This means the majority of service families live in local communities. Most of them are families of enlisted personnel, whose salaries are at the lower end of the military pay scale, making it difficult for them to find quality, affordable housing within a reasonable commuting distance. In addition, some of these communities, located in extremely rural or metropolitan areas, do not have enough affordable, quality rental housing to accommodate Service members and their families.

Information from the Past and Present Will Improve the Future

While the quality of existing on-base military housing has declined during the last three decades, deployments and family separations have lengthened, out-of-pocket expenses for Service members living in private housing have risen, and demands on military personnel and their families have increased.

A DoD Quality of Life Task Force report confirmed these disconcerting trends and warned that readiness and morale are in jeopardy. Continuing to neglect these issues runs the risk of collapsing the force because even the most dedicated Service members will decide to leave the military. This is why MHPI is so important to DoD, Service members and their families, and American taxpayers.

Powerful Authorities

The National Defense Authorization Act for Fiscal Year 1996 provides DoD with a variety of authorities that allow us to obtain private-sector financing and expertise to improve our housing situation. These authorities can be used individually or in combination and include the following:
  • Guarantees, both loan and rental
    • These can be loan or rental guarantees. We can guarantee mortgage payments, directly or through an intermediary, or provide a limited guarantee against base realignment and closure (BRAC), force reductions, or major deployments. DoD can also provide guarantees for mortgage insurance. Finally, we can guarantee rent and occupancy levels as specified in an agreement.
  • Conveyance or leasing of existing property and facilities
    • DoD can convey or lease family housing units to private persons for purposes of using proceeds to finance the privatization projects.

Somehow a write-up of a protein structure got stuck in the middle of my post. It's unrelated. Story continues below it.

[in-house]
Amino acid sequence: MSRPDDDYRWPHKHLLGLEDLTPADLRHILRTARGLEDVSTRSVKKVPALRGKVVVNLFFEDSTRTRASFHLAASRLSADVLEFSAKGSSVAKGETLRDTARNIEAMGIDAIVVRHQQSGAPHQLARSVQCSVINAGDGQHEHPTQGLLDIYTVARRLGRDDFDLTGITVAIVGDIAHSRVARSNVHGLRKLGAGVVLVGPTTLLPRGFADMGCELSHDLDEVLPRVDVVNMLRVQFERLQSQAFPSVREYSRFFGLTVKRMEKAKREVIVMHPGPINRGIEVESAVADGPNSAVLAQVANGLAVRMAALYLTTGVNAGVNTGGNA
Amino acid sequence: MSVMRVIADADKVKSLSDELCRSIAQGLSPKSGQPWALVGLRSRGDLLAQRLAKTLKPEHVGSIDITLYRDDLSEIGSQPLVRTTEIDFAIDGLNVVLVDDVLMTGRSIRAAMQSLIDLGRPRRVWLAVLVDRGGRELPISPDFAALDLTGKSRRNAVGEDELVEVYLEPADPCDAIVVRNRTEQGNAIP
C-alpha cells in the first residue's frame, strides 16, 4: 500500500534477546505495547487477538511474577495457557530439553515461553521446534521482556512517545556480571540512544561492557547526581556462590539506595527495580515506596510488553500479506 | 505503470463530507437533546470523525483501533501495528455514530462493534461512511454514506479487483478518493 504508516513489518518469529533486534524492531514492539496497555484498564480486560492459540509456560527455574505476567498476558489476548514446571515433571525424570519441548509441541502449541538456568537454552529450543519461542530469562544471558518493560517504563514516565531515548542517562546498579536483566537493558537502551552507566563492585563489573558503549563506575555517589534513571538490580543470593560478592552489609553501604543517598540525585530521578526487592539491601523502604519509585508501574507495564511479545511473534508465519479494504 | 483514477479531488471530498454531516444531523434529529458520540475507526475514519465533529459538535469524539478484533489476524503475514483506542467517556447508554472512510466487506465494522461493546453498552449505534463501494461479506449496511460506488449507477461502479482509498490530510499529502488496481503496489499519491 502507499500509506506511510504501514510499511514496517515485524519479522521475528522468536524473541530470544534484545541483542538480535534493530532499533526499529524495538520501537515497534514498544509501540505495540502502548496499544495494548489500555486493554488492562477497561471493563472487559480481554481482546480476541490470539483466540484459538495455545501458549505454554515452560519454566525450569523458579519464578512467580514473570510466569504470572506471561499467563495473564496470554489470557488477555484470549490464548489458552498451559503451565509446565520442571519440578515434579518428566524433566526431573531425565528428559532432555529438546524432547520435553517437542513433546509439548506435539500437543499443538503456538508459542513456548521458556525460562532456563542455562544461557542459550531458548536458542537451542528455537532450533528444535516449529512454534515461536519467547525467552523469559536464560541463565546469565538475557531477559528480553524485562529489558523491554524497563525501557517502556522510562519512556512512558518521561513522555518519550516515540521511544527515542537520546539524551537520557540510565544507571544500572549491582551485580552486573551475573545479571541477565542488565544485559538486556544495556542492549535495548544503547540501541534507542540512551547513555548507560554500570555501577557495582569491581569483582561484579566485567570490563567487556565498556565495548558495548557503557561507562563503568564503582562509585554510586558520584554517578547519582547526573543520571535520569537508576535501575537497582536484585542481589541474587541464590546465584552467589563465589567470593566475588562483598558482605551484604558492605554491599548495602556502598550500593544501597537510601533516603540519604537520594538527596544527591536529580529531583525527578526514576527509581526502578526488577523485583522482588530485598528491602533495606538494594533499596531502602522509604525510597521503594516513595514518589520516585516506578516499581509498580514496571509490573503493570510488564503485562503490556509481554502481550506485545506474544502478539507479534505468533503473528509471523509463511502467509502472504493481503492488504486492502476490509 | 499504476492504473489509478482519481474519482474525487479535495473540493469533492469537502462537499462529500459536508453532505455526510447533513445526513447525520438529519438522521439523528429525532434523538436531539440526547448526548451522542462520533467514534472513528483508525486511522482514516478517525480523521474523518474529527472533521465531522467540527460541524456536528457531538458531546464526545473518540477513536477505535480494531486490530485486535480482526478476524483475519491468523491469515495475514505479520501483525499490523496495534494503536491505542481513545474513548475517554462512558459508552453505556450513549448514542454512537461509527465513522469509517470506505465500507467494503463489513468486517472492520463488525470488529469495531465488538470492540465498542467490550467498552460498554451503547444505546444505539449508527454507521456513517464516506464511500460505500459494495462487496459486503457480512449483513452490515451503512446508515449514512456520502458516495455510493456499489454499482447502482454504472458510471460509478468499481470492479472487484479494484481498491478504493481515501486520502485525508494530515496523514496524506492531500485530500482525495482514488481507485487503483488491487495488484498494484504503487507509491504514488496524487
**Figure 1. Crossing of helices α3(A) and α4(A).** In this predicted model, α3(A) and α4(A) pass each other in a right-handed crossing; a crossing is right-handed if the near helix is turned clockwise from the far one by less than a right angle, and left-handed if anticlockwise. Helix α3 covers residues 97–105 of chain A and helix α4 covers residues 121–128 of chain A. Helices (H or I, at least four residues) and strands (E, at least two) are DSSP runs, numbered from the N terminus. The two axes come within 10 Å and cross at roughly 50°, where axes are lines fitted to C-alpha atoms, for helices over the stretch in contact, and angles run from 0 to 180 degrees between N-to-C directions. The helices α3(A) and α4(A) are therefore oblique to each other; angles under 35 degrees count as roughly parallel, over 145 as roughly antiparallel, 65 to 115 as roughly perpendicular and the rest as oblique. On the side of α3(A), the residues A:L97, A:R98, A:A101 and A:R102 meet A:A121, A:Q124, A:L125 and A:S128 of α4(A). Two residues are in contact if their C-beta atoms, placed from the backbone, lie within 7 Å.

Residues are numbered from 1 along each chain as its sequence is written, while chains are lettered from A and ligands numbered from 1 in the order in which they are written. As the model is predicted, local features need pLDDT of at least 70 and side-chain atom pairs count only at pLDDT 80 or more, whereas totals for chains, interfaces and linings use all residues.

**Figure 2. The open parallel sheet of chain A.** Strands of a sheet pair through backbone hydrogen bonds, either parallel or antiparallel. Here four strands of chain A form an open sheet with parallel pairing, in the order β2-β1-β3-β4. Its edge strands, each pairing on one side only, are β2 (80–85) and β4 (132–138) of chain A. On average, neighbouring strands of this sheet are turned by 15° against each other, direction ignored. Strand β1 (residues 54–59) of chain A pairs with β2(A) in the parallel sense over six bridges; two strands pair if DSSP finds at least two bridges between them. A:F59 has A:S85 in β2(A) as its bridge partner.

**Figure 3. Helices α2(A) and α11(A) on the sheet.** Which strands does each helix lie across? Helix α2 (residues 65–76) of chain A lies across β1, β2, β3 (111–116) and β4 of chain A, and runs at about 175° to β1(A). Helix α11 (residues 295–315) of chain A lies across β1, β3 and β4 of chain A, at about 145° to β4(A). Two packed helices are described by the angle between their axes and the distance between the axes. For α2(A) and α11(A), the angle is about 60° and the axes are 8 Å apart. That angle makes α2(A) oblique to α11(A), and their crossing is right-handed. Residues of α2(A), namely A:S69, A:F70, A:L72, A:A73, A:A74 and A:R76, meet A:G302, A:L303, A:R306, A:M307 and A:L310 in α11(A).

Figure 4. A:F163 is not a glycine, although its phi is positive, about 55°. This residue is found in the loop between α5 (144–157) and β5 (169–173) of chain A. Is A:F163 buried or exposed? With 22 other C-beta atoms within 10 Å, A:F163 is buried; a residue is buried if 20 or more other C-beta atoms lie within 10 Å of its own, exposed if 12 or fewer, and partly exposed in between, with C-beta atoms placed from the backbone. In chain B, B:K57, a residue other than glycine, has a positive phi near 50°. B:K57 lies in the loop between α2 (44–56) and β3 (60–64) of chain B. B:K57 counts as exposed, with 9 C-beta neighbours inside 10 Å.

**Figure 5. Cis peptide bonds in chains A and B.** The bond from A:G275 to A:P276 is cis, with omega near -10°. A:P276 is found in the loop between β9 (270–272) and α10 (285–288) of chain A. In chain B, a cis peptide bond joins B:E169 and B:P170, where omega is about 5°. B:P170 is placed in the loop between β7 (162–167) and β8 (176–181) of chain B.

• Differential lease payments
    • This authority allows DoD to pay the difference between the negotiated rent and basic allowance for housing to make housing available to Service members.
  • Investments, both limited partnerships and stock or bond ownership
    • The investment authority allows DoD to invest in nongovernmental entities involved in the acquisition or construction of family housing and supporting facilities. These investments can be in the form of limited partnerships, for which DoD provides cash, land, or facilities as equity. A limited partnership arrangement operates purely as a private business: DoD has no part in the management. Although no minimum cash contribution has been set for any DoD investment in a project, there is a maximum cash contribution. DoD may invest a maximum of 33.5 percent of the capital cost of a project. Because all sites and projects differ, and because the services each prioritize their own projects, the full 33.5 percent cash contribution may not be needed in each project. However, DoD also has the authority to convey land or buildings as all or part of its investment. If it chooses this route, it may not exceed 45 percent of the total capital cost if land or facilities are conveyed. For projects involving renovation, replacement, and support facilities, DoD’s total equity contribution may not exceed 45 percent of a project's capital cost. As a stockholder, DoD may be involved in the management of a project without losing limited liability. DoD could have considerable control over a project if it provides capital through a loan, bond. or mortgage.